In “Honeycomb,” the speaker pops up again in what amounts to the digital present: “We need emblematic subjectivities. Need targeted acquiescence. Time zones. This is / the order of the day. To be visited secretly. To be circled and canceled. I cover my / face. Total war: why am I still so invisible to you.”This complexly staged lyric voice inhabits technological development itself, in its warlike revolt against a more human past. Graham emphasizes digital immensity, complicating its domesticated appearance on a computer screen: “In the screen / there is sea. Your fiber-optic cables line its floor.” The remote seafloor, the flickering, unrepresentable permutations of subjectivity—both are brought into the picture, as are newly observable aspects of the body in the later poem “From Inside the MRI”: “It is a nightmare. You are entirely free. There now, / careful now. You can go.” Poems contrast and develop, following the way of a syntax that at times evades a final predicate. The strongest poems here, in their sentences and pursuits, are formal illustrations of the predicament of becoming, its all-over-the-place-ness.

Satellite image of the Mackenzie River and the Atlantic Ocean, Northwest Territories, Canada, 2017.
Satellite image of the Mackenzie River and the Atlantic Ocean, Northwest Territories, Canada, 2017.

Disturbing environmental trends surface in “Deep Water Trawling,” which takes destructive fishing practices as a roomy motif. Master and shipwreck emerge only after initial lines that peer in on the cutting tools implanted in fishing nets. The posthuman is mirrored back in the churning violence of the technology: “The blades like irises turning very fast to see you completely—steel-blue then red / where the cut occurs—the cut of you—they don’t want to know you they want to / own you.” The crisis of the seas today presages the coming-into-being of something cruel and strange in the degraded stages of late capitalism: “not even punishment—trawling-nets bycatch poison ghostfishing— / the coil of the listening along the very bottom—the nets weighed down with / ballast—raking the bottom looking for nothing.”The blades, the nets, and the fish—they’re the reality of both the technological and the toxic-environmental: “net of your listening and my speaking we can no longer tell them / apart—the atmosphere between us turbid—no place to hide—no place to rest.” A twenty-four-hour economy of exploitation and the artificial narrowing of once-limitless subjective horizons are both reflected in a syntax that takes new stances every few phrases. The speaker jokes, “not / regulated are you?”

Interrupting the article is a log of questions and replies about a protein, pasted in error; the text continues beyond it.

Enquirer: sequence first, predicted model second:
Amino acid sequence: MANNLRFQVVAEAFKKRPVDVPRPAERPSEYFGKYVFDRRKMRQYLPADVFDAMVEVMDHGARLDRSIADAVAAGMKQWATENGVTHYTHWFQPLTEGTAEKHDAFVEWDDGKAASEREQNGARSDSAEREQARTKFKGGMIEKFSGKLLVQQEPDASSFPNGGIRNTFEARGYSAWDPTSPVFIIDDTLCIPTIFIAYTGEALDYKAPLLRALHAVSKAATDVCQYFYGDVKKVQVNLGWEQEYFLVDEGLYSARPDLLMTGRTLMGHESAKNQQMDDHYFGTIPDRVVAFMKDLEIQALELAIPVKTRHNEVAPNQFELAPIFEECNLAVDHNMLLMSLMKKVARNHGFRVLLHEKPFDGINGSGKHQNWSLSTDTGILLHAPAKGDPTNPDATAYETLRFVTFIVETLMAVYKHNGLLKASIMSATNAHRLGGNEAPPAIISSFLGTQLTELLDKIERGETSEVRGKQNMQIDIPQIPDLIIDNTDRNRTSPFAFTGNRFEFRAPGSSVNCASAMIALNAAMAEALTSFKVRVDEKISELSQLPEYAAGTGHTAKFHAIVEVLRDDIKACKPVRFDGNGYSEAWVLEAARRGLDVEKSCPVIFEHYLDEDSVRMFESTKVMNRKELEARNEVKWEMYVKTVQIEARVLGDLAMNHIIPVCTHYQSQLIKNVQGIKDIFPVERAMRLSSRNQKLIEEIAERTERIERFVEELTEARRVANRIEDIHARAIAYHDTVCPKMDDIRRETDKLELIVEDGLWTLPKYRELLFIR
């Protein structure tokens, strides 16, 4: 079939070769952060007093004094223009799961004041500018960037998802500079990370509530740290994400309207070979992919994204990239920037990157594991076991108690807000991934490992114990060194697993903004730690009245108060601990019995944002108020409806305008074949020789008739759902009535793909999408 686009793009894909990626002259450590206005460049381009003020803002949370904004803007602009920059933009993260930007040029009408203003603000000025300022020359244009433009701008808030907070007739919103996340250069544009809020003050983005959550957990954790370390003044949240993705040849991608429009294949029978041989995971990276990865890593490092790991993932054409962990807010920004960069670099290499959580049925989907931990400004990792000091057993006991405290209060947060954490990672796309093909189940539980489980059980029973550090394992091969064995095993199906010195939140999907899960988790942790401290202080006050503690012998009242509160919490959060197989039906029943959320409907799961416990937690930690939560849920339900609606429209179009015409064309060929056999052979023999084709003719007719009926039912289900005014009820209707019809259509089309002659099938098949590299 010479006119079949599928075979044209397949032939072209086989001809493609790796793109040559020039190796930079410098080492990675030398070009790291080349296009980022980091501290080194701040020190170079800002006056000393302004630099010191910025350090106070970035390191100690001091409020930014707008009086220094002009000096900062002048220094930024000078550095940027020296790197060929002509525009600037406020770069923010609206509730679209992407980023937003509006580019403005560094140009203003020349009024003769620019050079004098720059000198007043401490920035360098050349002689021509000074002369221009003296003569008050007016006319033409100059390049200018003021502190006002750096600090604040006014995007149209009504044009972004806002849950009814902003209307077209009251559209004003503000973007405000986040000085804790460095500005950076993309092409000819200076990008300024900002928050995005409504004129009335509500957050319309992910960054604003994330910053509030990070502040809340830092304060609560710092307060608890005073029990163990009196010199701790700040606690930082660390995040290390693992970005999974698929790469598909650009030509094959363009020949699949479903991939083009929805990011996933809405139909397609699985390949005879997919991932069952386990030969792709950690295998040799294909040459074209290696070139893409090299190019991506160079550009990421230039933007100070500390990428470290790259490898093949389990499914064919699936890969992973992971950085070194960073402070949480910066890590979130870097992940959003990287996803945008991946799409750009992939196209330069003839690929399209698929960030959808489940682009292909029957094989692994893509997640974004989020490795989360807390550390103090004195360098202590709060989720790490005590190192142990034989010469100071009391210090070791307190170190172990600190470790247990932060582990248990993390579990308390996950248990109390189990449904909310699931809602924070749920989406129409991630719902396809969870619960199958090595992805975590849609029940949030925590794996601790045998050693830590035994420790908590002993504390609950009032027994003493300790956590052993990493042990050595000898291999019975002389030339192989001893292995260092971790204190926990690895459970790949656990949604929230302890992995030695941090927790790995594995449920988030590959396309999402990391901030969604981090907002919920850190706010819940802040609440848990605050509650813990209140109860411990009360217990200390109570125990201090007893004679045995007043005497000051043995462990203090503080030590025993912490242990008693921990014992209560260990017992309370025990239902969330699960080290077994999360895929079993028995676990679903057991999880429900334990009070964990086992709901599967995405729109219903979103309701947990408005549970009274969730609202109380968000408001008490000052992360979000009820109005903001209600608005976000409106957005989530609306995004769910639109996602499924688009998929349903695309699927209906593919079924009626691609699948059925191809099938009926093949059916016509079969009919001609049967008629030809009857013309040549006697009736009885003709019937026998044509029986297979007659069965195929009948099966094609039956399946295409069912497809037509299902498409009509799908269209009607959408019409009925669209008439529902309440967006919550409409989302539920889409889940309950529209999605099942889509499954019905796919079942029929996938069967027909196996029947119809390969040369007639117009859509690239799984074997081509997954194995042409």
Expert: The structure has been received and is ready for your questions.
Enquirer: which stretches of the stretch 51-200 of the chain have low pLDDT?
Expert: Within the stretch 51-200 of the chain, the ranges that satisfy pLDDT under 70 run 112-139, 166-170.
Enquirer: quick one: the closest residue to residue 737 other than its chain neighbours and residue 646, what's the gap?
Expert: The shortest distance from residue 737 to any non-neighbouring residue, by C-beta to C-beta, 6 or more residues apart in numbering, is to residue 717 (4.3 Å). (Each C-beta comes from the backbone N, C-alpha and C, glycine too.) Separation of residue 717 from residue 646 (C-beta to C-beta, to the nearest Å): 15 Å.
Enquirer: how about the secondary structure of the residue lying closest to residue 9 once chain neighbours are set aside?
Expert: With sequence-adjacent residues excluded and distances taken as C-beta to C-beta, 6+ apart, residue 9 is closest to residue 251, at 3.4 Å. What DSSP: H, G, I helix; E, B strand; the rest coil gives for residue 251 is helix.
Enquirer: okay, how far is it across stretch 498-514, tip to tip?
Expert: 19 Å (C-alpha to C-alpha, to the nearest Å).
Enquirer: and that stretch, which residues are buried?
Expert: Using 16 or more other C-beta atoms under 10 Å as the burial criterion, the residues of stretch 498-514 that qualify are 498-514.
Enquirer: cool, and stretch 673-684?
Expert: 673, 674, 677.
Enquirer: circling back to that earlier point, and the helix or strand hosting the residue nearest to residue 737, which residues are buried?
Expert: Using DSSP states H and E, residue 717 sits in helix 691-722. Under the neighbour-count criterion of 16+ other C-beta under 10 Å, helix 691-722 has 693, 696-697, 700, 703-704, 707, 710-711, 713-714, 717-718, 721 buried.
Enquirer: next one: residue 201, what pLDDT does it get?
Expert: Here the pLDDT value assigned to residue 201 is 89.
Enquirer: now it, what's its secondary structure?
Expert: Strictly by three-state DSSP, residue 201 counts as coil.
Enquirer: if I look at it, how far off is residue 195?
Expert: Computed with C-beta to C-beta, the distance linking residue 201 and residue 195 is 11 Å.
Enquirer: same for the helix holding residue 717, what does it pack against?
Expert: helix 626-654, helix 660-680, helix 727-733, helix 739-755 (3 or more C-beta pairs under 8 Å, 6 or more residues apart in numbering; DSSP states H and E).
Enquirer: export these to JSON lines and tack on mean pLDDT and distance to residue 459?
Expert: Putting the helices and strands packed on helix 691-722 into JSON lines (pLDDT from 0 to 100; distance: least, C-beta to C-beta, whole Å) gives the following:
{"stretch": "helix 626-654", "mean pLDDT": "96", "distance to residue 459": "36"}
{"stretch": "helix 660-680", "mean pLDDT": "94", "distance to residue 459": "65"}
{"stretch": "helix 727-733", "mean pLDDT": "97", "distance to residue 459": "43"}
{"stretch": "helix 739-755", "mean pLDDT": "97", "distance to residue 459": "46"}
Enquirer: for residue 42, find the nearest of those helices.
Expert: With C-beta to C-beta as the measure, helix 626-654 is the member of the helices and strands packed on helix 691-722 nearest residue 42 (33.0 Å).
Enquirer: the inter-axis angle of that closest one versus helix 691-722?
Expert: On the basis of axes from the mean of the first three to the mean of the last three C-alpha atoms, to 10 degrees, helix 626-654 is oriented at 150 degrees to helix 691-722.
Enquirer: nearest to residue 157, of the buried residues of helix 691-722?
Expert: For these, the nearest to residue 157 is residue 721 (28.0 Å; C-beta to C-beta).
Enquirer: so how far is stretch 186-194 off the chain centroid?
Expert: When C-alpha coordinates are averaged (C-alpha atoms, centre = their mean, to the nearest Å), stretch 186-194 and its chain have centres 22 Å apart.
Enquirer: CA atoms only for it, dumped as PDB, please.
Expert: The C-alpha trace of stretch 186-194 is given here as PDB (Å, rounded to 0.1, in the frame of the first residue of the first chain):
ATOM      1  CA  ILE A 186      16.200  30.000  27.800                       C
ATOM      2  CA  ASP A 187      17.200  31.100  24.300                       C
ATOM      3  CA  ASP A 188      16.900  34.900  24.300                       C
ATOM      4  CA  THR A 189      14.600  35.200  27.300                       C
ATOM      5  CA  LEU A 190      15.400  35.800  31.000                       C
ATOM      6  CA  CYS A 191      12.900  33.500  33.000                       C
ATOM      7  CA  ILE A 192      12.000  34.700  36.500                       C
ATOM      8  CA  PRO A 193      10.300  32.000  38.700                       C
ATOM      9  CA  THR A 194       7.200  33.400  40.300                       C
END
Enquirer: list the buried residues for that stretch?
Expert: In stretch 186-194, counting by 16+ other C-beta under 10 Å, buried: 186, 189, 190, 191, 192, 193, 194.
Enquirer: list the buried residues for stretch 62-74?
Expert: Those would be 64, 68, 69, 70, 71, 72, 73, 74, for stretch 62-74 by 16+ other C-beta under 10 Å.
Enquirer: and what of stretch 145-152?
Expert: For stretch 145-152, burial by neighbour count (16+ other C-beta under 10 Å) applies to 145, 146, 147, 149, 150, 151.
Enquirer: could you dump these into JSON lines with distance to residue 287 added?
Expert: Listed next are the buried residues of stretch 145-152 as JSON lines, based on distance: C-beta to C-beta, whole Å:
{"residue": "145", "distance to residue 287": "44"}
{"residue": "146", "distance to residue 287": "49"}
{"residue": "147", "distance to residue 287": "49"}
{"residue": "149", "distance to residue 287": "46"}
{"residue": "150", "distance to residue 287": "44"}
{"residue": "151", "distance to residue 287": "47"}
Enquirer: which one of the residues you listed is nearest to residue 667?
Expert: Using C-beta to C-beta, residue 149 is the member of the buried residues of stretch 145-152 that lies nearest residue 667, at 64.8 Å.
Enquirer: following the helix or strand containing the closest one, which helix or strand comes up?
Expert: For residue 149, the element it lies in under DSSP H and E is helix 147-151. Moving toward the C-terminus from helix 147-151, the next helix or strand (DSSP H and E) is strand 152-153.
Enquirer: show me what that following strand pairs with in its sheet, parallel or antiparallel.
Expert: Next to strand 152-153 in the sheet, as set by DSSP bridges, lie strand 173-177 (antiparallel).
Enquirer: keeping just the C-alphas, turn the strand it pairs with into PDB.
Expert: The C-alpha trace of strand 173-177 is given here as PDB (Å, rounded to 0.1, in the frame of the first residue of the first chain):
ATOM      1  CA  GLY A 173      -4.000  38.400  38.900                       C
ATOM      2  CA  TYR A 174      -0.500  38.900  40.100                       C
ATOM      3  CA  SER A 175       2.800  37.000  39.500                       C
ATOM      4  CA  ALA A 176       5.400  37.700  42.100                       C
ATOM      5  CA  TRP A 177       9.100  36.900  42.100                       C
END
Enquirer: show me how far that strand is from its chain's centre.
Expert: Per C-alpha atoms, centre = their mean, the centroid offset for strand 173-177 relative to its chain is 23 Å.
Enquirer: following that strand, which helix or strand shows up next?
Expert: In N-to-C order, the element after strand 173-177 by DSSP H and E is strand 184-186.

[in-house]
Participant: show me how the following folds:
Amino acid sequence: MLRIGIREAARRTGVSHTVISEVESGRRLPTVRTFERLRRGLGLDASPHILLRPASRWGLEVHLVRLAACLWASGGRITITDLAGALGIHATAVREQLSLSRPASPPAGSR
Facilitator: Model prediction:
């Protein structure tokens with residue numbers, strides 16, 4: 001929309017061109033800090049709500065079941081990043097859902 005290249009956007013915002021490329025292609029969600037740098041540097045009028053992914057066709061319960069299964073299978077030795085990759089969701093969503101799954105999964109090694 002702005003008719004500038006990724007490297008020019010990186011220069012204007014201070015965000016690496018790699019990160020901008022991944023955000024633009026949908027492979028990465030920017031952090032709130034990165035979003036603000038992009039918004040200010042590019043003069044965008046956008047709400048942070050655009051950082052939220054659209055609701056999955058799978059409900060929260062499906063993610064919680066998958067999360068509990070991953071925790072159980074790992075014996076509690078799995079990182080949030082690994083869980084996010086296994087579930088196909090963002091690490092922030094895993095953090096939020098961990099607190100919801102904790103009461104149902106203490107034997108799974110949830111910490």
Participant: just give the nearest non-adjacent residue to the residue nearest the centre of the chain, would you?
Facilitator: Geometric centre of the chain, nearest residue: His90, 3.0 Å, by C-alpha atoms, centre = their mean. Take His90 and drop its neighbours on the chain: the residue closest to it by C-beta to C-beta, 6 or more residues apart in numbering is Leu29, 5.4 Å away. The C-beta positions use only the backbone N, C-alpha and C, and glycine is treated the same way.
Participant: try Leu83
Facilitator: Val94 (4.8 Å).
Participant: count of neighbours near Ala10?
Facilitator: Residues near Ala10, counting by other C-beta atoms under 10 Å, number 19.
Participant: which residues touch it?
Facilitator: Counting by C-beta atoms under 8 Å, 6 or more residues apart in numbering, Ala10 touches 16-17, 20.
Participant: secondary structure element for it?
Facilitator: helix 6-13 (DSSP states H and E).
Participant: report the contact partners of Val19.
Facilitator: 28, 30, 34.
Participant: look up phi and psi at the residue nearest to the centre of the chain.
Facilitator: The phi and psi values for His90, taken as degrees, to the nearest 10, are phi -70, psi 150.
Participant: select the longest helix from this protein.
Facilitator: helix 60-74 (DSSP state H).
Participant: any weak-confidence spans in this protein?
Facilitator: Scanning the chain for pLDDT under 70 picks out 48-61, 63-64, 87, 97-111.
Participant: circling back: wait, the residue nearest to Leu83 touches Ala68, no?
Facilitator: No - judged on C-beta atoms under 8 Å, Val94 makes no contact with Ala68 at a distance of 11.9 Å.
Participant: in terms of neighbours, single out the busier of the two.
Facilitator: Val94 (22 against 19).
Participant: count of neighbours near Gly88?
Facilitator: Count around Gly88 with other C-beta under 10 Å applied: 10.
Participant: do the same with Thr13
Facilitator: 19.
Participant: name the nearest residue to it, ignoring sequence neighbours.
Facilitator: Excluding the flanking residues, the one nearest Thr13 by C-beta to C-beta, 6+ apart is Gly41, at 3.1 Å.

Graham’s historical sense of guilt was formed during the 1980s and ’90s, as the US claimed victory in the Cold War. For her, there was no triumphant liberal end of history; instead, she took on new forms and quasi-geopolitical concerns in poems like “Imperialism” and “Short History of the West.” Still, two decades on, who could have imagined the luster fading from brand-name democracy so fast? “–>we are in systemicide–>,” she writes in “Shroud,” and “it / is impossible not to hunger for eternity–>here on the sand watching the sandstorm approach–>.” How to explain these arrows (new to her work), which race through so many of the poems, or even to hear their peculiar intellectual music? Such a sense of historical catastrophe without any saving angels must be directed on to the next phrase, perhaps, lest the sheer face of the nothing continually overwhelm. Recall that we are manacled to it.